In an interview earlier this week with the Yorkshire Post, former Sunderland defender Billy Jones spoke about how he’s enjoying his time at Rotherham United, reflecting on his last season on Wearside which he describes honestly as ‘horrible’:
It has been really good. Obviously from where I have come from last season, there was not much positivity at all around the club with what happened.
It was obviously horrible being part of that, personally.
When I spoke to the gaffer in the summer, he obviously spoke about the close-knit group he has here and the way the lads work hard for each other and thoroughly enjoy each other’s company in training in terms of working hard and off the pitch as well.
It is a close-knit group and he spoke about how him and his staff do their utmost to improve you as an individual and as a team and it has been exactly that.
It has been really great to be part of and hopefully we are going to have a special season here and that is what we are working hard to achieve.
Now whilst there was nothing inherently scandalous or bad about what Billy Jones had to say, and I’m not offended by what he’s said, it did lead me to reflect upon what we went through last season and how we’ve since moved on - both as a fanbase, and as a club who used to employed players like Jones who could very rarely be depended upon on a regular basis.
I have no issue with Billy Jones personally - I just though that, for the most part, he wasn’t a very good player for Sunderland. He may be a nice bloke and an honest pro, but I can’t say I ever really enjoyed watching him in a red and white shirt.
And he’s not alone in that sense - along with various others, Jones became a player that the fans associated with failure, and with his contract up at the end of the season he was allowed to move on, offering both parties the chance to start afresh.
He’s right, it was horrible to be a part of what happened last season. The horrendous way that the club was being ran off the pitch had become deep-rooted, and the infection had spread right throughout the club - from the very top, to the very bottom.
I have a degree of sympathy with the players that were here last season, even if on the pitch it often felt like they weren’t trying. I recently read Peter Reid’s wonderful autobiography, and a theme which seemed to follow him throughout his managerial career after leaving Sunderland stuck with me. As manager of Leeds United, Coventry City and Plymouth he was working with both hands tied behind his back due to financial issues, and as well-intentioned as he was, the issues stemming from those problems led to the players on the pitch turning in every day with the wrong attitudes.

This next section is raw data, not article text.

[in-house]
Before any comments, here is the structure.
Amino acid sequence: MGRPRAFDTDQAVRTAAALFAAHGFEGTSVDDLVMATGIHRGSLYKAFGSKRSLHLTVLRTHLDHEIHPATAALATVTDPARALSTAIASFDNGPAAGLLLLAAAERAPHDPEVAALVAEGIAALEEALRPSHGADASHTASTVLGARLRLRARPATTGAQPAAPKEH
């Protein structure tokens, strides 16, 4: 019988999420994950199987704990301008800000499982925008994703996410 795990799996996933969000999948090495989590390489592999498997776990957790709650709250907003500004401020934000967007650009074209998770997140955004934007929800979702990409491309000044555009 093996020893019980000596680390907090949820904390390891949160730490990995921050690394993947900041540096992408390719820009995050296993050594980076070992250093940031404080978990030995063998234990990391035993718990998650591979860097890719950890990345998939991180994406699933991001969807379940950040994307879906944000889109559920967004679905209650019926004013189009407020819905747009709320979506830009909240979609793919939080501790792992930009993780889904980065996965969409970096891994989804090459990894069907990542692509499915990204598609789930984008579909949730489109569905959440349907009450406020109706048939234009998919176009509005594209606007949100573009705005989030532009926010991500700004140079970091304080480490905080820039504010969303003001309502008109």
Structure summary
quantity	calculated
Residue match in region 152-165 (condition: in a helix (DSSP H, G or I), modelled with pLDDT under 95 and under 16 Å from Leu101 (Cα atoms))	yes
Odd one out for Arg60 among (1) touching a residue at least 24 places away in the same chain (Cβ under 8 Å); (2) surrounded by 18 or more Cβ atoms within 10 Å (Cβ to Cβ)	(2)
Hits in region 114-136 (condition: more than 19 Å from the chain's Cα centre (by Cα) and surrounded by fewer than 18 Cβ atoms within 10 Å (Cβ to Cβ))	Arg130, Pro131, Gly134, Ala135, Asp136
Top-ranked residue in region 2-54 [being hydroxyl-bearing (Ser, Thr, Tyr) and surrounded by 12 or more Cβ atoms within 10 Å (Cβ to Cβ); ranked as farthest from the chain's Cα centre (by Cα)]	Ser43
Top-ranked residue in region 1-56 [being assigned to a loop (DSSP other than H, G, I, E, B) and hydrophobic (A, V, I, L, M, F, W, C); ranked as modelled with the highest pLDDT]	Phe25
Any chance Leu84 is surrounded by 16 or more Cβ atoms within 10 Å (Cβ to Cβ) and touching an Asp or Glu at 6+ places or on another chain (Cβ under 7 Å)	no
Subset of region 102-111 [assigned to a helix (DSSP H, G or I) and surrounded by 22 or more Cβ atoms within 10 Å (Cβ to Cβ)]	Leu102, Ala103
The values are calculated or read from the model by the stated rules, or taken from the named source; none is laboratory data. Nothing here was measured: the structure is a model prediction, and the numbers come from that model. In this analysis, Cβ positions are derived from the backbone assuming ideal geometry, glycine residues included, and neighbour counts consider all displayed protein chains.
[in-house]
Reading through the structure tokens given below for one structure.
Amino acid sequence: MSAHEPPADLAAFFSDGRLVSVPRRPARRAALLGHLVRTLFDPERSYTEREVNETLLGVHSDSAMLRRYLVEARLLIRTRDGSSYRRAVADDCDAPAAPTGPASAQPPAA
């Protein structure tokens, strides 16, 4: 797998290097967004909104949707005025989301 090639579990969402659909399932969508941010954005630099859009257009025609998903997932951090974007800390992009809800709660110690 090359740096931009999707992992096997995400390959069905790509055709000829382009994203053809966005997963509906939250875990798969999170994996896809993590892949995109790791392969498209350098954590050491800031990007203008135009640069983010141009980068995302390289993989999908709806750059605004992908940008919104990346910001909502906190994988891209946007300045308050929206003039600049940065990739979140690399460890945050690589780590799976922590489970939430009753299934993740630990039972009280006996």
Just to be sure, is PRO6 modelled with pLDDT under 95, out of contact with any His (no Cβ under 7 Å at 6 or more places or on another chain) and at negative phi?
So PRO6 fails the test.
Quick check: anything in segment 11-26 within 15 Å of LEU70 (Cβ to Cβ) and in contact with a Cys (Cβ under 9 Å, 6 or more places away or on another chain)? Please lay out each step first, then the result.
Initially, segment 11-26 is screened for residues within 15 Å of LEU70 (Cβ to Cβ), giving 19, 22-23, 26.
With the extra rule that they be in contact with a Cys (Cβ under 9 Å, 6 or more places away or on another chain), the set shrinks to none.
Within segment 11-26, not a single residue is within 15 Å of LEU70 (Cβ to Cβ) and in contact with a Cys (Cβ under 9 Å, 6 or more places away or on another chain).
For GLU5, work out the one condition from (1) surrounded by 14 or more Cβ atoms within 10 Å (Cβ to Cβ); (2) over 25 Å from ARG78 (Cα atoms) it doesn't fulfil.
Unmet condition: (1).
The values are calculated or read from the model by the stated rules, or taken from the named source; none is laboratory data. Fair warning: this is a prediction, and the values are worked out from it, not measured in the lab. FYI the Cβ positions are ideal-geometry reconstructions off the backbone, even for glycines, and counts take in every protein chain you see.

At Leeds he had well-paid primadonnas like Mark Viduka to contest with and he felt helpless in his job, despite initially keeping them up. At Coventry he was forced to work with a limited budget after being promised much more, and at Plymouth he had to try and motivate a squad of players that weren’t being paid - and even had to stump up large sums of his own cash to keep the club afloat.
Obviously, those are varying extremes and are not necessarily situations that you can apply to what happened at Sunderland, but it is important sometimes to gain an insight into what it’s like being in that environment when absolutely everything is intrinsically negative.
When players like Billy Jones concede that Sunderland was a horrible place to be last season, it concocts a variety of emotions. At first you want to bring him down a peg and tell him what you think of his ability as a player, but if you take a step back and recognise just how far we’ve came since then you can have sympathy with the players who genuinely wanted to be here but couldn’t make things work.
Billy Jones is one. John O’Shea is another. Callum McManaman, who couldn’t wait to get back to Wigan when the chance came up in July, was probably one more - a player who wears his heart on his sleeve but was undoubtedly damaged by his inability to make an impact big enough to turn our results around.
They made mistakes and may not have been good enough, but ultimately the environment they were playing in was too poisoned for success to ever be viable. Players that have remained since that time - George Honeyman, Lee Cattermole, Josh Maja and Lynden Gooch the four best examples - have thrived since the club turned over a new leaf under new ownership.
Time is a great healer, but I think that as I sit here today and write this I have more sympathy with the players that ultimately brought us to the third tier than I did upon the completion of last season. History shows that its almost impossible to thrive under conditions like the ones we had at Sunderland last year, and unlike clubs like Leeds, Coventry and Plymouth we’ve been lucky that someone well-intentioned came along quickly to sort out the mess.
Thankfully, we’ve been able to move on at pace - and players like Jones and McManaman have been able to fall back in love with their profession too, albeit at a different club.